Review: A Girl Missing
by Giorgia Del Don
- With his new film Kôji Fukada once again questions the seeming stability of Japanese society
Presented in a world premiere in the International Competition of the Locarno Film Festival, A Girl Missing [+see also:
film profile] (a co-production between Japan and France) by Japanese director Kôji Fukada teaches us to look for the reality beyond appearances, attuning the audience to an inaudible frequency which transmits an unfamiliar and funereal song.
Much appreciated in France where he was bestowed the prestigious title of Knight of the Order of Arts and Letters in 2010, followed by the Jury Award of Cannes’ Un certain regard section in 2016 (with his film Harmonium [+see also:
film profile]), Kôji Fukada continues to fix his lens on a society of seemingly immutable calm, still like the waters of a tranquil lake. This lake, however, is known by the director to be inhabited by frightening creatures, which he doesn’t hesitate to scrutinise up close, going so far as to look them straight in the eye. Wrestling with these disconcerting monsters (known as incommunicability, loss and perversion) on this occasion is Ichiko (played with surgical precision by Tariko Tsutsui), the protagonist of A Girl Missing, who sees her honestly-built world evaporate as a result of a fatal accident.
A home hospice nurse who cares for sick people in the final stages of their lives, Ichiko’s life revolves around pragmatism. This pragmatism serves to simplify the various component parts of her existence and mirrors her tendency to accept reality for what it really is. Despite her efforts to uphold the facade of honesty which characterises her daily life – a job, a boyfriend, a house - Ichiko can’t prevent the inevitable. And once the bomb eventually goes off, this quiet nurse is forced to face up to the true tenuousness of her perfect existence.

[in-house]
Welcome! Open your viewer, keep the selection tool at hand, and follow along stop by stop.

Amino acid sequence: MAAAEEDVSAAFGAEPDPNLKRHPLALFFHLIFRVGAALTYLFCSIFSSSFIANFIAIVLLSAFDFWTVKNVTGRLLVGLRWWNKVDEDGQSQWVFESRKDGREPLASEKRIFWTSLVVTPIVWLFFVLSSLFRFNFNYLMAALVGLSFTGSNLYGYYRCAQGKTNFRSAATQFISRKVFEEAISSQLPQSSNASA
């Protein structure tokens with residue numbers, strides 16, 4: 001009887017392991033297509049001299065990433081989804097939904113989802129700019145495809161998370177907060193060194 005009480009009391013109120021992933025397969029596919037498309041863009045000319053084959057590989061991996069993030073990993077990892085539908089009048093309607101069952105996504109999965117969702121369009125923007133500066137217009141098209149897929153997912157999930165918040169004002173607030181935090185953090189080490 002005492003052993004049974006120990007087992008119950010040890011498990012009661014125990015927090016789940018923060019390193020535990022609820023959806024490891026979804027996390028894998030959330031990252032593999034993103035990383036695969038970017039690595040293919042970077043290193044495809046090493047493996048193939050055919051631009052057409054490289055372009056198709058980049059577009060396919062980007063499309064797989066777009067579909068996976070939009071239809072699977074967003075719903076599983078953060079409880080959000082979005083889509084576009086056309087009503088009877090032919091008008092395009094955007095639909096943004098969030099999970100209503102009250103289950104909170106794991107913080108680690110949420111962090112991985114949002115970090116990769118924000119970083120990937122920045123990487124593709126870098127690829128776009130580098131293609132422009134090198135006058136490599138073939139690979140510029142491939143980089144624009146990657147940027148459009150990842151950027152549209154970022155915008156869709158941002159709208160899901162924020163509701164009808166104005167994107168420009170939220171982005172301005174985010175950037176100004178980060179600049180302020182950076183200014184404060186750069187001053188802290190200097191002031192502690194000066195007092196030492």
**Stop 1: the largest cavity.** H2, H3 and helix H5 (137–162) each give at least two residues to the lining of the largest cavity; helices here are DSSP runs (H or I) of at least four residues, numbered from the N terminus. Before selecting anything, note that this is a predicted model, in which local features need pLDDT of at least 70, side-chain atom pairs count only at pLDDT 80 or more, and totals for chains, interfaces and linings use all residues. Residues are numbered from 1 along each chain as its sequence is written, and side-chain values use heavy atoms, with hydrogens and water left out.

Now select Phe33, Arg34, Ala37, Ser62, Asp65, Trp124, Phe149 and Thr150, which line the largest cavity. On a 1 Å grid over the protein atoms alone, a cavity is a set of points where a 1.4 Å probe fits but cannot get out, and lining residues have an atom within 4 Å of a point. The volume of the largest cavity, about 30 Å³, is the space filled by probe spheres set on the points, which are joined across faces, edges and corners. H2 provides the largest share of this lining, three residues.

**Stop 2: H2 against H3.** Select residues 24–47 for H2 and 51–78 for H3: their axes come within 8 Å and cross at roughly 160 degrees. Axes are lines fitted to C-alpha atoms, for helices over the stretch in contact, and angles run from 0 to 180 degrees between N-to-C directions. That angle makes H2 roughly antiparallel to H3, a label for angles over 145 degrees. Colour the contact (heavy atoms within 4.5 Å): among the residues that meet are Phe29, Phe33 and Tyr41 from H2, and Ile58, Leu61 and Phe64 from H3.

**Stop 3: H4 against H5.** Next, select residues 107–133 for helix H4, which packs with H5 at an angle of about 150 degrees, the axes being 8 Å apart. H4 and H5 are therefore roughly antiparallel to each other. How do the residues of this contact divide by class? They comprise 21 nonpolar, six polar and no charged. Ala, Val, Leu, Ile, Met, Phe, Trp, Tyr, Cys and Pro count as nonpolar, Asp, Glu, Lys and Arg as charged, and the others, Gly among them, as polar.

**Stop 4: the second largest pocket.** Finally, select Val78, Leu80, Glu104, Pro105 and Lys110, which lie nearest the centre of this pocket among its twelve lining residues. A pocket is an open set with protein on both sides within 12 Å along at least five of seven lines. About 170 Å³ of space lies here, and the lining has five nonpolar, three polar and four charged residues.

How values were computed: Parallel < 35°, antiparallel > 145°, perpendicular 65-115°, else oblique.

When one of the two granddaughters of the elderly woman whom Ichiko looks after mysteriously disappears and it’s discovered that the abductor is none other than Ichiko’s nephew, her world begins to vacillate dangerously, before finally crumbling altogether when Motoko (the elderly woman’s other granddaughter), who has become a friend and confidant of the protagonist over time, points the finger at Ichiko. Indeed, Ichiko once told Motoko that she’d pulled down her nephew’s pyjama bottoms out of curiosity when he was a child, an episode which Motoko believes has gone some way to creating the monster her friend’s nephew has become. A media frenzy ensues, which quite literally puts our protagonist’s back against the wall, forcing her to confront the ghosts of a past populated by shadows and leading her to develop a thirst for vengeance which is anything but socially acceptable. It’s an unstoppable feeling becomes the driving force of her existence.
Ichiko shows us just how developed our survival instinct truly is; this internal mechanism known as a determination to “continue living despite the absurdity of life”, to borrow the words of the director.
The tale is composed of two parallel time-periods: one which describes what happens before, during and immediately after the abduction, and the other which narrates the life of Ichiko as she prepares her vendetta against Motoko; a vendetta which smacks of vengeance against life itself. Without ever resorting to flashbacks, the two time-periods co-exist, much like the antithetical subtexts of this story: one acceptable, the other monstrous.
Who is Ichiko? What lies beneath her apparent normality? These are the questions which the dual narrative attempts to answer, highlighting the imperfection (or maybe even the perversion) which characterises our own world and the frailty of our social ties. These are fragile and frightened worlds which we’re living in, hiding behind oceans of fake smiles.
(Translated from Italian)
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